Daily Reflection April 8th, 2020

Daily Reflection April 8th, 2020

PROLOGUE FROM OCHRID • APRIL 8, Holy Apostles from among the 70: Herodion, Agabus, Asyncritus, Rufus, Phlegon, Hermes, and those with them REFLECTION

“There is heroism above heroism and asceticism above asceticism. St. Epiphanius of Cyprus invited Hilarion the Great to dinner and, in order to show the greatest hospitality to his distinguished guest, set roasted chicken on the table and offered it to him. Hilarion said to him: “Forgive me, but ever since I was tonsured a monk, I have eaten nothing butchered.” To this Epiphanius replied: “And I, ever since I was tonsured a monk, have never lay down in bed until I first forgave my enemy.” Amazed, Hilarion said: “Your virtue is greater than mine, O holy master!” This is a great lesson for all of us. Fasting is an admirable thing, but it is more admirable to forgive insults. Through fasting a man is preparing for charity, but by forgiving insults a man shows charity. Fasting precedes forgiveness, but fasting alone does not save without forgiveness. ” (St. Nikolai Velimirovich)

Fr. John’s Reflection:

“Is it a fast that I have chosen, a day for a man to afflict his soul? Is it to bow down his head like a bulrush, and to spread out sackcloth and ashes? Would you call this a fast, and an acceptable day to the Lord? Is this not the fast that I have chosen: to loose the bonds of wickedness, to undo the heavy burdens, to let the oppressed go free, and that you break every yoke? Is it not to share your bread with the hungry, and that you bring to your house the poor who are cast out; when you see the naked, that you cover him, and not hide yourself from your own flesh?

“Then your light shall break forth like the morning, your healing shall spring forth speedily, and your righteousness shall go before you; the glory of the Lord shall be your rear guard. Then you shall call, and the Lord will answer; you shall cry, and He will say, ‘Here I am.’ “If you take away the yoke from your midst, the pointing of the finger, and speaking wickedness, if you extend your soul to the hungry and satisfy the afflicted soul, then your light shall dawn in the darkness, and your darkness shall be as the noonday. The Lord will guide you continually, and satisfy your soul in drought, and strengthen your bones; you shall be like a watered garden, and like a spring of water, whose waters do not fail. (Isaiah 58:5-11)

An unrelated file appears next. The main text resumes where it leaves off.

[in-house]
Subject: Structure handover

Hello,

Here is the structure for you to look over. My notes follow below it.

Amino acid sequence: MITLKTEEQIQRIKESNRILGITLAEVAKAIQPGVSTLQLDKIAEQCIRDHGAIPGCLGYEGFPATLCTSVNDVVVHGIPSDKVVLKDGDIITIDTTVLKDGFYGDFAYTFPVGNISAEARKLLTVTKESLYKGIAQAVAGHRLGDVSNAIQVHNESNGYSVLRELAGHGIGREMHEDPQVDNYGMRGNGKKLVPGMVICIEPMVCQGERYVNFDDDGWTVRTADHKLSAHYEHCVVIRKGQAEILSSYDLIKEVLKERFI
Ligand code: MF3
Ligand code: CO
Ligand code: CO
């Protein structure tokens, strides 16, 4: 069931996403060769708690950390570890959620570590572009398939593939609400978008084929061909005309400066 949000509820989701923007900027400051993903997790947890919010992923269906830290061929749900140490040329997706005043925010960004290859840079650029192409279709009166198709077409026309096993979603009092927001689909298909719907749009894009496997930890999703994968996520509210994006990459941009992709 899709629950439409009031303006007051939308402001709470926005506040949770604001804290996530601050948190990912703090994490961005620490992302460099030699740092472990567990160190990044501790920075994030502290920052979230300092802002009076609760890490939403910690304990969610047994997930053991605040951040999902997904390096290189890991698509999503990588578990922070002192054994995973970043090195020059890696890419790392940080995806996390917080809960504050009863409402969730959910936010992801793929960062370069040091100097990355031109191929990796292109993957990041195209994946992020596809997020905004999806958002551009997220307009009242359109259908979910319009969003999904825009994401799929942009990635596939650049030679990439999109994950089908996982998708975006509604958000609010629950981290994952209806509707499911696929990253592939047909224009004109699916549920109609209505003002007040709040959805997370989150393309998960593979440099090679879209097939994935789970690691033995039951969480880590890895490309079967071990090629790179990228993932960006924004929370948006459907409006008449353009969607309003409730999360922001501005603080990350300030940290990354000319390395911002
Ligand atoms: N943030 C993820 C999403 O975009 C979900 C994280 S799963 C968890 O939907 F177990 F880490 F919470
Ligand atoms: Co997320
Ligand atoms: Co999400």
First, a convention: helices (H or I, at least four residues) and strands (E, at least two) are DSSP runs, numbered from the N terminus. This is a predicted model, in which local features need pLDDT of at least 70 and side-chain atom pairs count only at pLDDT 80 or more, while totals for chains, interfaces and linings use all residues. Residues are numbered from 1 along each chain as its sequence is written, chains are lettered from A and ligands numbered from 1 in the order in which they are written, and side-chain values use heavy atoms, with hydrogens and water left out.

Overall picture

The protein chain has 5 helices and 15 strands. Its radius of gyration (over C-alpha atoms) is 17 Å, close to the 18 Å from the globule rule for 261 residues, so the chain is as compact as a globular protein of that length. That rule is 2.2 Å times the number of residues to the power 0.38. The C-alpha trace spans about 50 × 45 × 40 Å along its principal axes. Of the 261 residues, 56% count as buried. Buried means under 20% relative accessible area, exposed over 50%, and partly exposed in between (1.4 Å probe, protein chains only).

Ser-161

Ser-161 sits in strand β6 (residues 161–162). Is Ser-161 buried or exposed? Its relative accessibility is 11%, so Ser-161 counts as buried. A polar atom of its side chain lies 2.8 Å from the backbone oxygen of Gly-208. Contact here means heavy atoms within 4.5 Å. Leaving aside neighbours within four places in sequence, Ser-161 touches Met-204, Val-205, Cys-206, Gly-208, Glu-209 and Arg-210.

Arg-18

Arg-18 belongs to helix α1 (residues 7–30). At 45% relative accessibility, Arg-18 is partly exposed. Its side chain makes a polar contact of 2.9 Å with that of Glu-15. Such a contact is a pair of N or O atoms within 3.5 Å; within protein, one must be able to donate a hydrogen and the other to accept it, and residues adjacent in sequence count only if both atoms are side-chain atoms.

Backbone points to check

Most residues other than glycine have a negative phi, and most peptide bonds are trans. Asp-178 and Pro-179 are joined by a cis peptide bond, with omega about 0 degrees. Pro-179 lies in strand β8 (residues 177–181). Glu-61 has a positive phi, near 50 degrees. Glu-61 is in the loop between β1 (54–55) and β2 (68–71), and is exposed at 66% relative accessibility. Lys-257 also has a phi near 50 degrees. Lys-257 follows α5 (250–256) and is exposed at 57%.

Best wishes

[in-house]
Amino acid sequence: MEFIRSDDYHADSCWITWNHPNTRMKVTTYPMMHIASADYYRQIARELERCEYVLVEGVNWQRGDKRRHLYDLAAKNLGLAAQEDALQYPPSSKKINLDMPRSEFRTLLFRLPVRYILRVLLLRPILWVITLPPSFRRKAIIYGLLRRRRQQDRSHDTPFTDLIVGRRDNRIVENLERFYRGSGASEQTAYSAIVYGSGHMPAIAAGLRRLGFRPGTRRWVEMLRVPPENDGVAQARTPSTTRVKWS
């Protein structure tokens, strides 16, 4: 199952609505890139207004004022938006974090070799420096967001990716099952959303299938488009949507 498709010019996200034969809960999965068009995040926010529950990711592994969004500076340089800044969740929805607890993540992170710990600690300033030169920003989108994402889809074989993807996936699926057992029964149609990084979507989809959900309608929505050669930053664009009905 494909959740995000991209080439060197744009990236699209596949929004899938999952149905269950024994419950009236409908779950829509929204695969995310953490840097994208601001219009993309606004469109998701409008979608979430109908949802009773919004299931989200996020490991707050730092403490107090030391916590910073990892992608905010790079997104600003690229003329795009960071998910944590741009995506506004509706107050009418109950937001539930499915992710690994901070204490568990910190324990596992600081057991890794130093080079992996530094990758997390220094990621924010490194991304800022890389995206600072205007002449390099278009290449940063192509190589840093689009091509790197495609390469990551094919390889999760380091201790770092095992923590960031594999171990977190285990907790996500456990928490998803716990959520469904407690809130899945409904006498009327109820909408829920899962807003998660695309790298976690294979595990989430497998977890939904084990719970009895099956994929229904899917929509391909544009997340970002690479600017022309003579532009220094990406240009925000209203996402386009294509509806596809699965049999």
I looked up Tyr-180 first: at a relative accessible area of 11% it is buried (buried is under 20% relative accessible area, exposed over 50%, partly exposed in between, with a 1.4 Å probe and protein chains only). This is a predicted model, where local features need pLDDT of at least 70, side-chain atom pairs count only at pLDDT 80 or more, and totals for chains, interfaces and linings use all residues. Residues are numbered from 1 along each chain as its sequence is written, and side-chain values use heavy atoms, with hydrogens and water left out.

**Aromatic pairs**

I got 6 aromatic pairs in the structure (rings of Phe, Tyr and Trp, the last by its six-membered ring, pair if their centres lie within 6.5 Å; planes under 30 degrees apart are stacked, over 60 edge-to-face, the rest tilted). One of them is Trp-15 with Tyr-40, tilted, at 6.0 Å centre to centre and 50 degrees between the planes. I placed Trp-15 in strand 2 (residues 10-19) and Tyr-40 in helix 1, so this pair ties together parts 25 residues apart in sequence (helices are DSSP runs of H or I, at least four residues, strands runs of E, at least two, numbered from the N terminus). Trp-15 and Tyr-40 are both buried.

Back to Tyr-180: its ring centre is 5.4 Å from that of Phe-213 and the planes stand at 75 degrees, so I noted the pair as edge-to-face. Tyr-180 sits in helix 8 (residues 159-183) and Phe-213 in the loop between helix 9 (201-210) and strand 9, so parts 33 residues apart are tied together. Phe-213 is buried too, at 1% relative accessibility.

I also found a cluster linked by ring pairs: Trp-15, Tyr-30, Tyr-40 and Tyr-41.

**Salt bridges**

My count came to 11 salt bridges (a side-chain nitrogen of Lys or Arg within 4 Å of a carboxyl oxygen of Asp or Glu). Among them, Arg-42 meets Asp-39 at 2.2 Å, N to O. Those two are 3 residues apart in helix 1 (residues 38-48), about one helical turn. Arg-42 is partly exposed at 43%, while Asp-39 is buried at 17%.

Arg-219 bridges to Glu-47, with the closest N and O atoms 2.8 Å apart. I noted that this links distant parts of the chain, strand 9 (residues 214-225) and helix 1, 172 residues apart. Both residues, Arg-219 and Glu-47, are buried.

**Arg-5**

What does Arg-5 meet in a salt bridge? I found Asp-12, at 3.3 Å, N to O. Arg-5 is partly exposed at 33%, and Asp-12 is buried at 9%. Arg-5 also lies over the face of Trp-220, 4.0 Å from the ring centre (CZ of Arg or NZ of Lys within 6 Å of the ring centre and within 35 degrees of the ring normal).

Fr John’s Reflection

I think that sometimes God must look at us and just shake His head. So often, in our pride, we think that today we face unprecedented spiritual issues and temptations. We strain against the life that the Lord and His Church gives us. Fasting is a good example. We spend all these days during the year (most Wednesdays and Fridays), and periods of fasting (Great Lent, Apostles Fast, Dormition Fast and Nativity Fast) struggling to “figure out what to eat,” or make excuses as to why we can’t fast from food in general or certain foods, or confess that “I don’t really fast,” meaning I eat what I want and ignore the calendar of the Church. So much of what we do during fasts is about “what” and not “why.” And we have the added joy this year of the fears and restrictions that go along with the pandemic. So we don’t have the joy of supporting each other in fellowship and worship, nor the sacraments to strengthen us. Another excuse.

But the Church gives us today a selection from the Prophecy of Isaiah (written between 745-680 B.C.!) which speaks to the fundamental issue: our fast is not about “what.” It never has been from the dawn of time. The Lord asks through the prophet a rhetorical question: in speaking about man afflicting his own soul? Is it about bowing our heads and wearing sackcloth and ashes (an Old Testament symbol of shame and repentance)? Are those actions what lead to an “acceptable day of the Lord”? NO – rather, the Lord says that a true fast is to loose the bonds of wickedness, undo the heavy burdens, let the oppressed go free, break every yoke, share bread with the hungry, care for the poor who are cast out, cover the naked, and not to hide yourself from your own flesh! Sound familiar? The Parable of the Great Judgment was spoken by the Lord before His passion. All of these things are much harder than simple dietary rules. So why not try to keep the “rules” so they might strengthen us to keep the harder fast?

One last comment. What does He mean through the prophet when He says, “[do not] hide yourself from your own flesh…”? It seems to me that He is simply saying, “Don’t ever forget that you are human also.” We must begin our fast, continue our fast, rejoice in the end of the fast, always remembering that we are all living in glass houses. When we show any mercy upon anyone, we are showing mercy to ourselves. Even in the midst of this most strange Great Lent, as we approach the strangest Passion Week and Pascha we will probably ever experience, it is nonetheless incumbent upon each of us to complete these holy days simply remembering our own humanity, and thereby allow humanity in others, and especially the Other, to blossom in our hearts and souls. Blossoms only occur in the watered garden, and a spring of water which will never fail that He says we become when we fast the way He wants us to fast! Glory to God!